Interestingly, two days after ResMed filed its infringement suit, it filed a notice of voluntary dismissal without prejudice, effectively ending its suit. ResMed’s counsel noted that it will argue infringement through counterclaims to a lawsuit filed by Fisher & Paykel in S.D. Cal. on the same day as ResMed’s infringement suit. This decision was made to “simplify the procedural structure,” the motion reads.

There are nine patents-in-suit in Fisher & Paykel’s infringement action. They include:

  • breathing assistanceU.S. Patent No. 8443807, which is titled Breathing Assistance Apparatus. It protects a patient interface having a mask body with two nasal pillows to form a seal against a nare, or nostril, as well as a headgear assembly with two side straps, a top strap and a back strap.
  • U.S. Patent No. 8479741, same title as above. It also claims a patient interface with a mask body made of a substantially flexible plastics material and having nasal pillows which are cylindrical and angled toward each other.
  • U.S. Patent No. 8186345, titled Apparatus for Supplying Gases to a Patient. The apparatus this claims includes a gases supply, a delivery conduit with a heater wire and a controller which applies power to the heater wire. It provides higher reliability for temperature control of gases delivered to a patient with sleep apnea.
  • supplying gasesU.S. Patent No. 8453641, entitled Apparatus for Measuring Properties of Gases Supplied to a Patient. The apparatus claimed here has an electrical circuit in communication with a delivery conduit which provides feedback to a controller when properties of gases vary.
  • U.S. Patent No. 8550072, which is titled Apparatus for Delivering Humidified Gases. It claims an apparatus having a heater base, a pressurized gases outlet in fluid connection with an inlet of a water chamber, a humidified gases return and a blower for generating a supply of pressurized gases.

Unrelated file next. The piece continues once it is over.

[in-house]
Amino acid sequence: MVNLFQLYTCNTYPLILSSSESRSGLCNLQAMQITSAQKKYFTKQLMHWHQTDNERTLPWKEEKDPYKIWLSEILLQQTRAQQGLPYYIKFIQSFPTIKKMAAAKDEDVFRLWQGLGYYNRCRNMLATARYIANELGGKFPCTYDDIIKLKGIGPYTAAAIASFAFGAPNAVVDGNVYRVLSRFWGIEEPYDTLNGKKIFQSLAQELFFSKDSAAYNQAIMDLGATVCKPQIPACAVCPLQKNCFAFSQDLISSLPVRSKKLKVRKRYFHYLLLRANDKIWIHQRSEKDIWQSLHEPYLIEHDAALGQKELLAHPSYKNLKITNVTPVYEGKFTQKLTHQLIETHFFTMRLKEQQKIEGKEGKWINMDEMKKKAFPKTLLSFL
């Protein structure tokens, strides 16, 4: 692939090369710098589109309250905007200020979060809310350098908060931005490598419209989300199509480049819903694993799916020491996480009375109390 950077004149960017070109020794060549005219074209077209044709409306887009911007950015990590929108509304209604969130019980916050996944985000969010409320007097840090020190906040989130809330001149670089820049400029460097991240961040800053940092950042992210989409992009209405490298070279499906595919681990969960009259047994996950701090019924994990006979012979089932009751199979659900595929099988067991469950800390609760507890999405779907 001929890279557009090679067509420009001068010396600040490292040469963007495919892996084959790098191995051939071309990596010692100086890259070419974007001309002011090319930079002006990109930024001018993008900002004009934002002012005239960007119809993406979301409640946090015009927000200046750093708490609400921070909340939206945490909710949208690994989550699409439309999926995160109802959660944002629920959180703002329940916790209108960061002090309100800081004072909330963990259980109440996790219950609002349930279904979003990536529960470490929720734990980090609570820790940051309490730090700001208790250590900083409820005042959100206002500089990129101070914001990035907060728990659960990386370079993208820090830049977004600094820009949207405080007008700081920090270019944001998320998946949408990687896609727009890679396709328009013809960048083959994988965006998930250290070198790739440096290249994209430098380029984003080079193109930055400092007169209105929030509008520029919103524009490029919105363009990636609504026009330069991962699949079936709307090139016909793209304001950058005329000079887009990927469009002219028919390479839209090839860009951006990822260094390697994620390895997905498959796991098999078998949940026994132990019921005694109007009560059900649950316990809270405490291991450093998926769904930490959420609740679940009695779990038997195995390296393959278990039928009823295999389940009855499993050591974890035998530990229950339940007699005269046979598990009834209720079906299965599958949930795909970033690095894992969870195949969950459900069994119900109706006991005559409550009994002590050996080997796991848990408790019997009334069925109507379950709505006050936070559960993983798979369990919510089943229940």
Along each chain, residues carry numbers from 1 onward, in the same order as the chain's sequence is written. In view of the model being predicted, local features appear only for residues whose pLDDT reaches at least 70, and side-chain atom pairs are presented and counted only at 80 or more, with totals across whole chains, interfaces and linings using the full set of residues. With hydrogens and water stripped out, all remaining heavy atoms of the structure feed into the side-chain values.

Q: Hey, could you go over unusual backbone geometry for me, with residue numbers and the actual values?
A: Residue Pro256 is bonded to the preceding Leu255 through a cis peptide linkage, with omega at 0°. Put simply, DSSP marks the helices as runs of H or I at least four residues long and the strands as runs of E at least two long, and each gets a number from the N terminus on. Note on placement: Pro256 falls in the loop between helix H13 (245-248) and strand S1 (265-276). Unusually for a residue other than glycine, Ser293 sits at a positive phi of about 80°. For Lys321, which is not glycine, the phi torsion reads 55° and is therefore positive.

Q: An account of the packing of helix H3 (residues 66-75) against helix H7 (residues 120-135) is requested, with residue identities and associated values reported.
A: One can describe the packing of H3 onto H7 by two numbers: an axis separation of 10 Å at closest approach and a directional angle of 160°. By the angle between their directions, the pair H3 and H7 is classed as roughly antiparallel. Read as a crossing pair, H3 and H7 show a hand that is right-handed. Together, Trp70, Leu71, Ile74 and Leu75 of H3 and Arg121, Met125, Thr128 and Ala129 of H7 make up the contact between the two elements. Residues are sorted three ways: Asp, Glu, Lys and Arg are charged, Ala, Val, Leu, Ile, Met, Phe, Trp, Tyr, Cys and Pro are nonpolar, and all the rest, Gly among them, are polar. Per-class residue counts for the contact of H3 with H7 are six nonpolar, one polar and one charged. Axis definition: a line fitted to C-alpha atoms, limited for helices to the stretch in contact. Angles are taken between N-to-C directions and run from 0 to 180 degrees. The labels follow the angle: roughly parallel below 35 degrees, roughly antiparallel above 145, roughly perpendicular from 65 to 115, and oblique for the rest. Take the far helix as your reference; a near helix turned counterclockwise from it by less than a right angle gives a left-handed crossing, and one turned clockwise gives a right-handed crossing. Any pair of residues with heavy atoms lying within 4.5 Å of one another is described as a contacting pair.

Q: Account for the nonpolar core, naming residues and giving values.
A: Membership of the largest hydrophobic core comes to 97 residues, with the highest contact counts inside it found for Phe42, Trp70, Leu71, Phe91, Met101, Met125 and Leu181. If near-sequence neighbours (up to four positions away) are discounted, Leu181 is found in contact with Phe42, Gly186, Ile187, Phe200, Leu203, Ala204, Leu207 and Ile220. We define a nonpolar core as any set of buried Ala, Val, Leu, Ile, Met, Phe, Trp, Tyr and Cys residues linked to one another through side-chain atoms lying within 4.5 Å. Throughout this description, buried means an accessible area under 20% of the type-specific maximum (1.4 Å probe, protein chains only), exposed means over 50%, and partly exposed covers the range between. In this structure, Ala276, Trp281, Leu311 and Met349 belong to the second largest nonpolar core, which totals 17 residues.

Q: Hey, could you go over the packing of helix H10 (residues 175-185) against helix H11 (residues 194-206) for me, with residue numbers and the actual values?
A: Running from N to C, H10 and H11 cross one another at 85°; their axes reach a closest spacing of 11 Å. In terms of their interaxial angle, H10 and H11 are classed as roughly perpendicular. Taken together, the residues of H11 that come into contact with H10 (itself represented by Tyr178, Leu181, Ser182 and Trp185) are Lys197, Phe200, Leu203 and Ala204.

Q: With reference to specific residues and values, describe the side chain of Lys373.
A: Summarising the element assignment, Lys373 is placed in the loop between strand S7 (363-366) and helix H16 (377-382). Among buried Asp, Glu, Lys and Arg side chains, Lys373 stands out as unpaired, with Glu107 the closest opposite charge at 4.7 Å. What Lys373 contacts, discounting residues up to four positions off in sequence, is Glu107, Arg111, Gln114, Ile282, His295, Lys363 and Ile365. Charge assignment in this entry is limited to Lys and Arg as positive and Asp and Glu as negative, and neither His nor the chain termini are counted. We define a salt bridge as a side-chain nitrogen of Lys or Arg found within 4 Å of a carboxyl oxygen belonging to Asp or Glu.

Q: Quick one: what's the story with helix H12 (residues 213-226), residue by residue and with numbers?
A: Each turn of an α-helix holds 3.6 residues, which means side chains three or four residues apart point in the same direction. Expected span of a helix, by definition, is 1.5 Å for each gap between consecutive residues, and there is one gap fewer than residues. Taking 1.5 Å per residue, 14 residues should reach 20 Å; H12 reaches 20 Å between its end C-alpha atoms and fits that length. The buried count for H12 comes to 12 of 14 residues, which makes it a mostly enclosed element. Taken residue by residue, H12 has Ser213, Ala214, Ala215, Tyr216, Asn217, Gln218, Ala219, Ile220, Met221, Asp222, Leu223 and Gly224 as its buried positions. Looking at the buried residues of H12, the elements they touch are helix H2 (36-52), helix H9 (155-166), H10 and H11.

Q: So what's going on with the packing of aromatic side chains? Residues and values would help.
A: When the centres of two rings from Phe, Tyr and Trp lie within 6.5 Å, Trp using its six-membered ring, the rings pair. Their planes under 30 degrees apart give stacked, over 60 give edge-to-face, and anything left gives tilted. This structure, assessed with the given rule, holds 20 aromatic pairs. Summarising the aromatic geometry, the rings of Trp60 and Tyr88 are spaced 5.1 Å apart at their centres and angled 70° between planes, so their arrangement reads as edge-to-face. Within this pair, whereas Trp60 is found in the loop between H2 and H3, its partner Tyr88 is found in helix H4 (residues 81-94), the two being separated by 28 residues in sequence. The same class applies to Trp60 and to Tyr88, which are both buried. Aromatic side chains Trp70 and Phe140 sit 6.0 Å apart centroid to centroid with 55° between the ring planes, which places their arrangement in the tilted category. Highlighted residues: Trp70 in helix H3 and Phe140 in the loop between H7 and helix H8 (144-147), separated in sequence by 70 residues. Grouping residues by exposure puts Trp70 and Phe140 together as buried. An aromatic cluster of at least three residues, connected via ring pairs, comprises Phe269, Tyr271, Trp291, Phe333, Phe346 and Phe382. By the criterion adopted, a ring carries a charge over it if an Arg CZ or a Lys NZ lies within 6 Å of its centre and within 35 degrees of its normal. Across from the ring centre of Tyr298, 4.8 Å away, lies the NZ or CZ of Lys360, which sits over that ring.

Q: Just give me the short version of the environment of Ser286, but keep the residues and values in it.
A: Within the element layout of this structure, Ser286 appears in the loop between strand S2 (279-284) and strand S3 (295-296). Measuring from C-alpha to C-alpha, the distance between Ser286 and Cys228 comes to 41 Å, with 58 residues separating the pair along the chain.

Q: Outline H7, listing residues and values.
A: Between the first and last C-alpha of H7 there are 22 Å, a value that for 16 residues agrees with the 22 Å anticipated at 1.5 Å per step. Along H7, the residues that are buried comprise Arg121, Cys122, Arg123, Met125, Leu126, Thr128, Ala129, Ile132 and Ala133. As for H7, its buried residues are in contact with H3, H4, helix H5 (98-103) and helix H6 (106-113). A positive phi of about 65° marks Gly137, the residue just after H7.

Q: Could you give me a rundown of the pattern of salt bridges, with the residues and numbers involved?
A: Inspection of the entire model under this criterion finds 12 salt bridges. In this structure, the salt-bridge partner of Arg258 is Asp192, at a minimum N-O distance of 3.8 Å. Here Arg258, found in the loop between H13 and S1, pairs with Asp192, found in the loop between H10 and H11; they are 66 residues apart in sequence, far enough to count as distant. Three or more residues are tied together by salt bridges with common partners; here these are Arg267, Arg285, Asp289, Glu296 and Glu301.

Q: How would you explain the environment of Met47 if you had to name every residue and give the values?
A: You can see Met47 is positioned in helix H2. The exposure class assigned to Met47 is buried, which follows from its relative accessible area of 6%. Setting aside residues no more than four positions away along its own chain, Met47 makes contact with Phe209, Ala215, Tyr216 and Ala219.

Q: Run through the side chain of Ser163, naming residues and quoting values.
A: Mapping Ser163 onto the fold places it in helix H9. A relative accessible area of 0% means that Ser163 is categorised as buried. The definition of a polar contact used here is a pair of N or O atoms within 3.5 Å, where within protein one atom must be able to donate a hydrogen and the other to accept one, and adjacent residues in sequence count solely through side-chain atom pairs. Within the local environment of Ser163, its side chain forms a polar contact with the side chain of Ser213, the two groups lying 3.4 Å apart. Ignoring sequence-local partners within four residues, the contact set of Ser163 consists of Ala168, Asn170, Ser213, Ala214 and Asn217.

Fisher & Paykel’s suit targets continuous positive airway pressure (CPAP) technology market by ResMed as the AirSense 10 series. For example, Fisher & Paykel argues that ResMed’s ClimateLine Air technology infringes upon the ‘345 patent as it is an apparatus supplying gases to a patient. Fisher & Paykel also believes that technology used by AirSense 10 devices infringes upon the ‘641 patent because it measures properties of gas for patient delivery, such as humidity and temperature. ResMed’s AirCurve 10 sleep disordered breathing treatment apparatus is also targeted in the suit.

A close examination of ResMed’s suit which was voluntarily dismissed gives a decent idea of how the company will look to challenge Fisher & Paykel’s own infringement charges. ResMed filed claims for relief seeking declaratory judgements of non-infringement and invalidity for each of the nine patents upon which Fisher & Paykel are trying to enforce their rights. ResMed argues that the ‘741 patent is invalid as obvious in light of multiple U.S patent applications as well as one issued patent, U.S. Patent No. 4919128, titled Nasal Adaptor Device and Seal and issued in April 1990 to University Technologies International of Alberta, CA. ResMed argues that the ‘345 patent is rendered obvious by Fisher & Paykel’s MR810 Respiratory Humidifier Technical Manual as well as multiple patents, including U.S. Patent No. 6953354, titled Connector for Breathing Conduits and issued to Fisher & Paykel in October 2005.